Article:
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Eviction notices

Eviction notices – What is the process?

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Eviction notices can be a tricky area and the best outcome is achieved when owners, agents and renters all stay in close communication and respect each other’s situation. Below we discuss.

1. What are the main types of notices?
2. Why do they need to be issued?
3. What is the process for issuing them?
4. What to do if you receive a notice?
5. What are my rights and responsibilities?

Many notices to either renters or owners are part of day to day renting and property management. Some are just letting you know that the renter is moving out or the owner has decided to sell.

Other notices are more serious and can be because of unresolved dispute or breaches.

The process of evicting a renter from a residential property can be complex and is a legally regulated process. It is important to remember we are dealing with someone’s home and all the safety and stability issues a home provides. Eviction notices usually only come after long and exhaustive attempts to resolve the situation amicably.

There are different types of notices that can be served, depending on the situation. Eviction notices are just one of them.

1. Types of Notices in Victoria

There are many different forms of notices for everything from reminder to pay rent, owner is moving in or selling and more serious eviction notices. Here are some of the most common ones.

a) – Notice to vacate:

This is the most common type of eviction notice served to renters. It is usually given when a renter has breached the terms of their lease or rental agreement, such as not paying rent, causing damage to the property, or engaging in illegal activities.

It may also be because an owner is selling the property or is moving in themselves and would like the renter to move out.

A Notice to Vacate gives the renter a specific amount of time to vacate the property. This can be anywhere from 14 to 90 days, depending on the reason for the notice.

b) – Notice of intention to vacate:

This is a notice given by the renter to the owner or agent, stating their intention to vacate the property. The notice period varies depending on the rental agreement or lease, but it is usually 28 or 60 days.

c) – Notice of rent increase:

This is a notice given by the owner or agent to the renter, stating that the rent will be increased. The notice period varies depending on the rental agreement or lease, but it is usually 60 days.

d) – Notice to remedy breach:

This is a notice given by the owner or agent to the renter, stating that they have breached the terms of their lease or rental agreement and giving them a specific amount of time to remedy the breach, usually 14 to 28 days.

2. Why do they need to be issued?

It is important everyone is super clear about the intention of the other parties and what they are being asked to do. The various notices leave no uncertainty about both these points. They confirm anything that has been spoken about.

Also sometimes communication between parties can break down. The serving of a notice is the best way to confirm the notice has been delivered and received.

Some notices need to be issued by registered post so that there is no risk of someone not receiving it (or claiming they didn’t receive it).

3. Rules and process for serving notices

In Victoria, there are strict rules and processes that must be followed when serving eviction notices to renters. These rules are designed to protect the rights of both the owner and the renter.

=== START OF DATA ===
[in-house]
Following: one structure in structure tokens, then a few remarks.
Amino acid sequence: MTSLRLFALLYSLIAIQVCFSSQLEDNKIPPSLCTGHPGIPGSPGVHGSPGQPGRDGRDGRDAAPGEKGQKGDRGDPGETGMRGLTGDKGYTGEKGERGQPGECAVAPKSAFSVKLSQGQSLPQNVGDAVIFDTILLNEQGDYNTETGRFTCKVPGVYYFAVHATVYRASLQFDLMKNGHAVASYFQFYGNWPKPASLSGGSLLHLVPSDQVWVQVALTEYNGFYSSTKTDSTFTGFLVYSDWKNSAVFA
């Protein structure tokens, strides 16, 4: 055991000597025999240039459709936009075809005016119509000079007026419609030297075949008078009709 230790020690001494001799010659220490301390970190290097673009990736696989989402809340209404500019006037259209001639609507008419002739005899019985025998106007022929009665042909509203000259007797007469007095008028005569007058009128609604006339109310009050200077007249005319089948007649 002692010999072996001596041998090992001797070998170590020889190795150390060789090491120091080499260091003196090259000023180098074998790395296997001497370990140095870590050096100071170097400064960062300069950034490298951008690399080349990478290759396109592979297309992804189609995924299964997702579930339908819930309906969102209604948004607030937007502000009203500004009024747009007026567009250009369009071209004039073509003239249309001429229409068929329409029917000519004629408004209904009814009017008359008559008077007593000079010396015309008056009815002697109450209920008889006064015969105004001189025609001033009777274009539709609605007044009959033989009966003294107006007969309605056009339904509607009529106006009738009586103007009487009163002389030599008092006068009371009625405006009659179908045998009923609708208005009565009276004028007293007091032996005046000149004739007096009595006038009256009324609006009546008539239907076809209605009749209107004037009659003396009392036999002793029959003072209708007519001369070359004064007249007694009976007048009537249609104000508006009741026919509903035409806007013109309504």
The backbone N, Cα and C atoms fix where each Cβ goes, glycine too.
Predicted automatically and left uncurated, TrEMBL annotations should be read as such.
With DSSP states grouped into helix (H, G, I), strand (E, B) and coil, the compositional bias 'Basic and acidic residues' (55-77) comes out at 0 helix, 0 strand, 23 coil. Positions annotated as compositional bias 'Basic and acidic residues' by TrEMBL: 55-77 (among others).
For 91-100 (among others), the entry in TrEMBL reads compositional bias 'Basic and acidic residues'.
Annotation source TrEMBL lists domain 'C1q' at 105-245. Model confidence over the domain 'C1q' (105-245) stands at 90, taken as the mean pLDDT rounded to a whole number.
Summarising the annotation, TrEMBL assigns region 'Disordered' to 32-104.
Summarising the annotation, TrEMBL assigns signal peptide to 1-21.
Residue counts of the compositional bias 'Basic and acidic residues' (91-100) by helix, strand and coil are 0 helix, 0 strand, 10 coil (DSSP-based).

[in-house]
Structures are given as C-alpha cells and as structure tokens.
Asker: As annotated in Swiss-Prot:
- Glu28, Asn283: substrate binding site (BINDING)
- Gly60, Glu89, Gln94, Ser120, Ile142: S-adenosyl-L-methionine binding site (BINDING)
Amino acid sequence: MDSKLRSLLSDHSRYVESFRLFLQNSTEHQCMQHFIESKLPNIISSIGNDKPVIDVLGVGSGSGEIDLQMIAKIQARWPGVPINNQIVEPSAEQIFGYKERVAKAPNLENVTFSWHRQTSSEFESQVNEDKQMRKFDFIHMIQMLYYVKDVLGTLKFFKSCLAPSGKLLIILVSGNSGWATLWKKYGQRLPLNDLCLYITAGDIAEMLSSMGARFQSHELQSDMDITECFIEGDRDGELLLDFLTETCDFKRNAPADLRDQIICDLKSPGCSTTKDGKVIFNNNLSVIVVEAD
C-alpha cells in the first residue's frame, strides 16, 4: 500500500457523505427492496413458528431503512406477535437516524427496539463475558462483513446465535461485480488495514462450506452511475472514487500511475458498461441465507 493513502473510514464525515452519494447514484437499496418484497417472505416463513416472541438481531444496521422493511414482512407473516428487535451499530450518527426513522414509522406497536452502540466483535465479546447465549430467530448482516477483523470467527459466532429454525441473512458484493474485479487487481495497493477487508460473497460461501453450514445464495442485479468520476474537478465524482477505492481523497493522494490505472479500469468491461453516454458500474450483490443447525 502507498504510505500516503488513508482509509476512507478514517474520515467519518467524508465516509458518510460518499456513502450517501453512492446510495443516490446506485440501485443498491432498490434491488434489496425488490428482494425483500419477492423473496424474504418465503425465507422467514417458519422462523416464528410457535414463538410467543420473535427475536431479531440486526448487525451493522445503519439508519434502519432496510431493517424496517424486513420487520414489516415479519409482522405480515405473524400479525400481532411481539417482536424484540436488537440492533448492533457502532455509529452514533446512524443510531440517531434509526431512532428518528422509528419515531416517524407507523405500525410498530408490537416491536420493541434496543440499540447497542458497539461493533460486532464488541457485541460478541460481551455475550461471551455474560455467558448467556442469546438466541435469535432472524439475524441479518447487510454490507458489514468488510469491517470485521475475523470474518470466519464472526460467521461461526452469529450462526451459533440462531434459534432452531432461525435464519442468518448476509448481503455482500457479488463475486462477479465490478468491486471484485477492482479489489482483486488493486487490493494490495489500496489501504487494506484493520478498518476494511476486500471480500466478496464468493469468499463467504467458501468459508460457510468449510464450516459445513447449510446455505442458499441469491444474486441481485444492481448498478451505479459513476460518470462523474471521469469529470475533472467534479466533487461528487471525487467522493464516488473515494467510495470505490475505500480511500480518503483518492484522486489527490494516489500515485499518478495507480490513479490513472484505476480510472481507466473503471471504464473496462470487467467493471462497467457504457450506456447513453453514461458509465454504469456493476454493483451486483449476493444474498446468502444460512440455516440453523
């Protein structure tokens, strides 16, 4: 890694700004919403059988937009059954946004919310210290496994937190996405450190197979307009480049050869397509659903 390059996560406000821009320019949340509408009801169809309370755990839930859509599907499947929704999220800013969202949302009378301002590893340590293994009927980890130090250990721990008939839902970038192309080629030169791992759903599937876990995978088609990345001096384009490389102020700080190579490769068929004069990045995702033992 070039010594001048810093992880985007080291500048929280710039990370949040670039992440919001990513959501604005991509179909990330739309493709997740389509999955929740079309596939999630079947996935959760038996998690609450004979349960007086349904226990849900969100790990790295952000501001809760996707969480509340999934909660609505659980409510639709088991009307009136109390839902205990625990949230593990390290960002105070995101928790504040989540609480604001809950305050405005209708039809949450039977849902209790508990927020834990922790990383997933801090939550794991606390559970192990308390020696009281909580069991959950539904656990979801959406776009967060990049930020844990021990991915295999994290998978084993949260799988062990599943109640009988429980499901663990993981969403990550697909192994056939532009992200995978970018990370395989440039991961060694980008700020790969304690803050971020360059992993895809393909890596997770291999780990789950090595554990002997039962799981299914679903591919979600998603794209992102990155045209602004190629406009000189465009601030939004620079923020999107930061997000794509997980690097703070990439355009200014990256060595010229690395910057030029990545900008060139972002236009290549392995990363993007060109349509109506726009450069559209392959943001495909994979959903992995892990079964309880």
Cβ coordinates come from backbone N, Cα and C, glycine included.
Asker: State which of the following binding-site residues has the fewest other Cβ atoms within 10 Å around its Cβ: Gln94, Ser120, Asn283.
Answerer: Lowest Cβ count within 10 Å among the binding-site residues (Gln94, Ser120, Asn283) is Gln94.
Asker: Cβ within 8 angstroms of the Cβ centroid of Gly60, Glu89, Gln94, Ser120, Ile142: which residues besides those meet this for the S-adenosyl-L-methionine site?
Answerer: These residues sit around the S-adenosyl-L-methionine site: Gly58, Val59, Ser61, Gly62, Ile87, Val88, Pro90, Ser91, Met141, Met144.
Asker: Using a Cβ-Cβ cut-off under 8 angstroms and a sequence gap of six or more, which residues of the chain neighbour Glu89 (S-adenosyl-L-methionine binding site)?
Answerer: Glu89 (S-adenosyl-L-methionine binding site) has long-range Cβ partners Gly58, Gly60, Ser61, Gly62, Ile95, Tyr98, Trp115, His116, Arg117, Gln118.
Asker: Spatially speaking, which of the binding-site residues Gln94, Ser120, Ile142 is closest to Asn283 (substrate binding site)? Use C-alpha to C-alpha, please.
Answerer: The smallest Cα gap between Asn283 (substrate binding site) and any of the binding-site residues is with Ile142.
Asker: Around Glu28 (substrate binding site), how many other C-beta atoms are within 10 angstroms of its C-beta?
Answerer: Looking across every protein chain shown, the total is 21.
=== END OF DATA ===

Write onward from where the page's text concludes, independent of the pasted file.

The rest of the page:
Other more general notices like rent increases can be via email, but all of them must be in writing.

Specifically relating to eviction notices… the first step in serving an eviction notice is to identify the reason for the eviction. This will determine the type of notice that needs to be served and the amount of notice required.

Once the type of notice has been identified, the notice must be in writing and delivered to the renter in person or by post. If the notice is delivered by post, it must be sent by registered mail, and the owner or agent must keep a copy of the notice and the proof of delivery.

The notice must also include the reason for the eviction, the date by which the renter must vacate the property, and any other relevant information, such as the amount of rent owed or the breach that has occurred.

If the renter does not vacate the property by the date specified in the notice, the owner or agent may apply to the Victorian Civil and Administrative Tribunal (VCAT) for a possession order. This process can take several weeks, and the renter will have the opportunity to present their case to the tribunal.

4. What to do if you receive a notice?

It depends on the notice. Usually however you should comply with it.

If the notice is for a rent increase however you do have the option of moving out or challenging it.

The agent can help you work through any situation to achieve the best outcome for all.

Consumer affairs provide more detail on rent increase notices. 

5. Rights and obligations of the owner, agent, and renter

In Victoria, both the owner and the renters have rights and obligations when it comes to eviction notices.

The owner or agent has the right to serve a notice to vacate if the renter has breached the terms of their lease or rental agreement. However, they must follow the rules and processes for serving eviction notices and cannot evict a renter without a possession order from VCAT.

The renter has the right to be given a reasonable amount of notice before being evicted and to present their case to VCAT if they dispute the eviction.

To read more about eviction notices, Consumer Affairs Victoria are a great resource.

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